# An Introduction to the Finite Element Method, 3rd Edition by J N Reddy

By J N Reddy

The publication keeps its powerful conceptual procedure, sincerely reading the mathematical underpinnings of FEM, and offering a common strategy of engineering software components. identified for its specified, conscientiously chosen instance difficulties and huge choice of homework difficulties, the writer has comprehensively coated a variety of engineering parts making the ebook applicable for all engineering majors, and underscores the wide variety of use FEM has within the specialist international.

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Extra info for An Introduction to the Finite Element Method, 3rd Edition

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T ∂x d. Linearized Boussinesq equation for water and elastic waves 2 4 ∂ 2φ 2∂ φ 2 ∂ φ − a − μ = 0. ∂t 2 ∂x2 ∂x2 ∂t 2 Because these equations are linear with constant coefficients, they can be readily solved by Fourier-Laplace transform. The Fourier-Laplace transforms of these equations are (a) (ω2 − c2 α 2 − μ2 )φ˜ = H1 (α, ω). (b) (ω2 − μ2 α 4 )φ˜ = H2 (α, ω). (c) (ω + μα 3 )φ˜ = H3 (α). (d) (ω2 − a2 α 2 + μ2 α 2 ω2 )φ˜ = H4 (α, ω). The right-hand side of each of these equations represents some arbitrary initial conditions.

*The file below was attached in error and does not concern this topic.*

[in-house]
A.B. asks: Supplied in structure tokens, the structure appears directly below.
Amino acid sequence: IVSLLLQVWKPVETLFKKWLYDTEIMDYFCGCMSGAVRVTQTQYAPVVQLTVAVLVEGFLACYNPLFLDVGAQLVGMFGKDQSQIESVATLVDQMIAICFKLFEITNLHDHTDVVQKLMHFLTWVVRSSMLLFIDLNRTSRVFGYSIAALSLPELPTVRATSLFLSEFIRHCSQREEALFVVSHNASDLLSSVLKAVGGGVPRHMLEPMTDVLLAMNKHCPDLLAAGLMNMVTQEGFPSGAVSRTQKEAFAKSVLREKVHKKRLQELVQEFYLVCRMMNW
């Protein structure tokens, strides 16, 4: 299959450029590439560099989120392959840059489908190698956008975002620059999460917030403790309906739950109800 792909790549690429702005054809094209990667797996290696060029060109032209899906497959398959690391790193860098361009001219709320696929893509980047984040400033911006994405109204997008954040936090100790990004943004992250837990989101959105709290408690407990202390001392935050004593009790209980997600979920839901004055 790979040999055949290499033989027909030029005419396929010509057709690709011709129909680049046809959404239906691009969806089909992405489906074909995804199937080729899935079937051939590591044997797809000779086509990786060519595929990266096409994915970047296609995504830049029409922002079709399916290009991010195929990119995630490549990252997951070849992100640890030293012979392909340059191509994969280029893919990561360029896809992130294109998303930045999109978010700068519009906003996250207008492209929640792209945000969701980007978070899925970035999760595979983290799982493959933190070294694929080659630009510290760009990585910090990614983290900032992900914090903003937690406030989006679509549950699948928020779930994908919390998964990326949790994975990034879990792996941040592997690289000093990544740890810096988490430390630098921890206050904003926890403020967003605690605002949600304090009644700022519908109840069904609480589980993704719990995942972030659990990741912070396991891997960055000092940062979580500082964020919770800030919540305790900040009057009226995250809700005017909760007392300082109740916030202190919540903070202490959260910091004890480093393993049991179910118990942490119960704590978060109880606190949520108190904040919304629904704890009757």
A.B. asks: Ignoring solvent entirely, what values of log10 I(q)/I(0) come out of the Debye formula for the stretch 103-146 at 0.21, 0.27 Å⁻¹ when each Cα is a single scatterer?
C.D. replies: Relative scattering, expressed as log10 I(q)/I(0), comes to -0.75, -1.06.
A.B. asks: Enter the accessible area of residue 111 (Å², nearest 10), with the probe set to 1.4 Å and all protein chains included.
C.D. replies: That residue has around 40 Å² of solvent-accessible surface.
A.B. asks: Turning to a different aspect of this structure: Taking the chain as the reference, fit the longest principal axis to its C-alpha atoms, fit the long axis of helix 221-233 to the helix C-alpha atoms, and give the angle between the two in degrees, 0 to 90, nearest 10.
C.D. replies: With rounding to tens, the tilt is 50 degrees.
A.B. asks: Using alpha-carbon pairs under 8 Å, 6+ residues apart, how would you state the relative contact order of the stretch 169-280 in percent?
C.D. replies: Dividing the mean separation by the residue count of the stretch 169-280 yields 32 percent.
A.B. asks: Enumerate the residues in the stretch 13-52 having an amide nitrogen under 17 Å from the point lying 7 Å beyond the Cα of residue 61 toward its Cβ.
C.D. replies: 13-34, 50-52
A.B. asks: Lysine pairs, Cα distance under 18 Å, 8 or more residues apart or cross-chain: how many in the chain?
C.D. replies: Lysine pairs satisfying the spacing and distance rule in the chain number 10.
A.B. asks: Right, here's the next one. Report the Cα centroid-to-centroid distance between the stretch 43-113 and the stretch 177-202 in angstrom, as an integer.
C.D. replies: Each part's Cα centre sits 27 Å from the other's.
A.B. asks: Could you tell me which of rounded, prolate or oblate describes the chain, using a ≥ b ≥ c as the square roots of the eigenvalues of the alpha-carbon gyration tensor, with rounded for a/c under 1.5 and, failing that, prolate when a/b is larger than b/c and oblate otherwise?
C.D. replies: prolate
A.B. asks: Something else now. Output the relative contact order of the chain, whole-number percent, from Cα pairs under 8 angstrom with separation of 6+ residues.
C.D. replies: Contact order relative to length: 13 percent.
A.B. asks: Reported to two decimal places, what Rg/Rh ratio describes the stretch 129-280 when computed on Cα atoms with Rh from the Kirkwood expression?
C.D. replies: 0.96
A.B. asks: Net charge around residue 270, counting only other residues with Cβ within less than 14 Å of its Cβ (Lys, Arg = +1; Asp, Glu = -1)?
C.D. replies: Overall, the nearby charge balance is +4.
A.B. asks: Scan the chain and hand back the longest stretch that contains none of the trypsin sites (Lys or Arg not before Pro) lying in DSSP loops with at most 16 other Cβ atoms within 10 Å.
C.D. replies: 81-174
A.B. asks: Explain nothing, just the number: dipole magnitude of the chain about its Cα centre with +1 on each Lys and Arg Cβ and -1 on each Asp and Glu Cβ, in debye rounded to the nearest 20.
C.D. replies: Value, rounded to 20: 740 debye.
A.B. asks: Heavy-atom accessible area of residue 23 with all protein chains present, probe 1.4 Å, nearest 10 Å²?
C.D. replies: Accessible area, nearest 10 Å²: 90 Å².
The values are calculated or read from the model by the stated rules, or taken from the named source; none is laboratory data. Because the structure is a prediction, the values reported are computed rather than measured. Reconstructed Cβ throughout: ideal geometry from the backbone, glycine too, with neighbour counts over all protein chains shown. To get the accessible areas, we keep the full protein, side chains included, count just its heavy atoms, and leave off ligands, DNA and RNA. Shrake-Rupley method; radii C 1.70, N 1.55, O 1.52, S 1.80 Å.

Note that the entire solution propagates to the right at a dimensionless speed of unity. Discretize the x derivative by the 7-point optimized finite difference stencil. Solve the initial value problem computationally. You may use any time marching scheme with a small time step t. Demonstrate that the numerical solution separates into two pulses. One pulse propagates to the right at a speed nearly equal to unity. The other pulse, composed of high wave numbers, propagates to the left. Explain why the solution separates into two pulses.

This is an extremely important point and should be clearly understood by all CAA investigators and users. 1 Dispersive Waves of Physical Systems Many physical systems support dispersive waves. Examples of commonly encountered dispersive waves are small-amplitude water waves, waves in stratified fluid, elastic waves, and magnetohydrodynamic waves. A common feature of these dispersive waves is that they are governed by linear partial differential equations with constant coefficients. The following are some of these equations.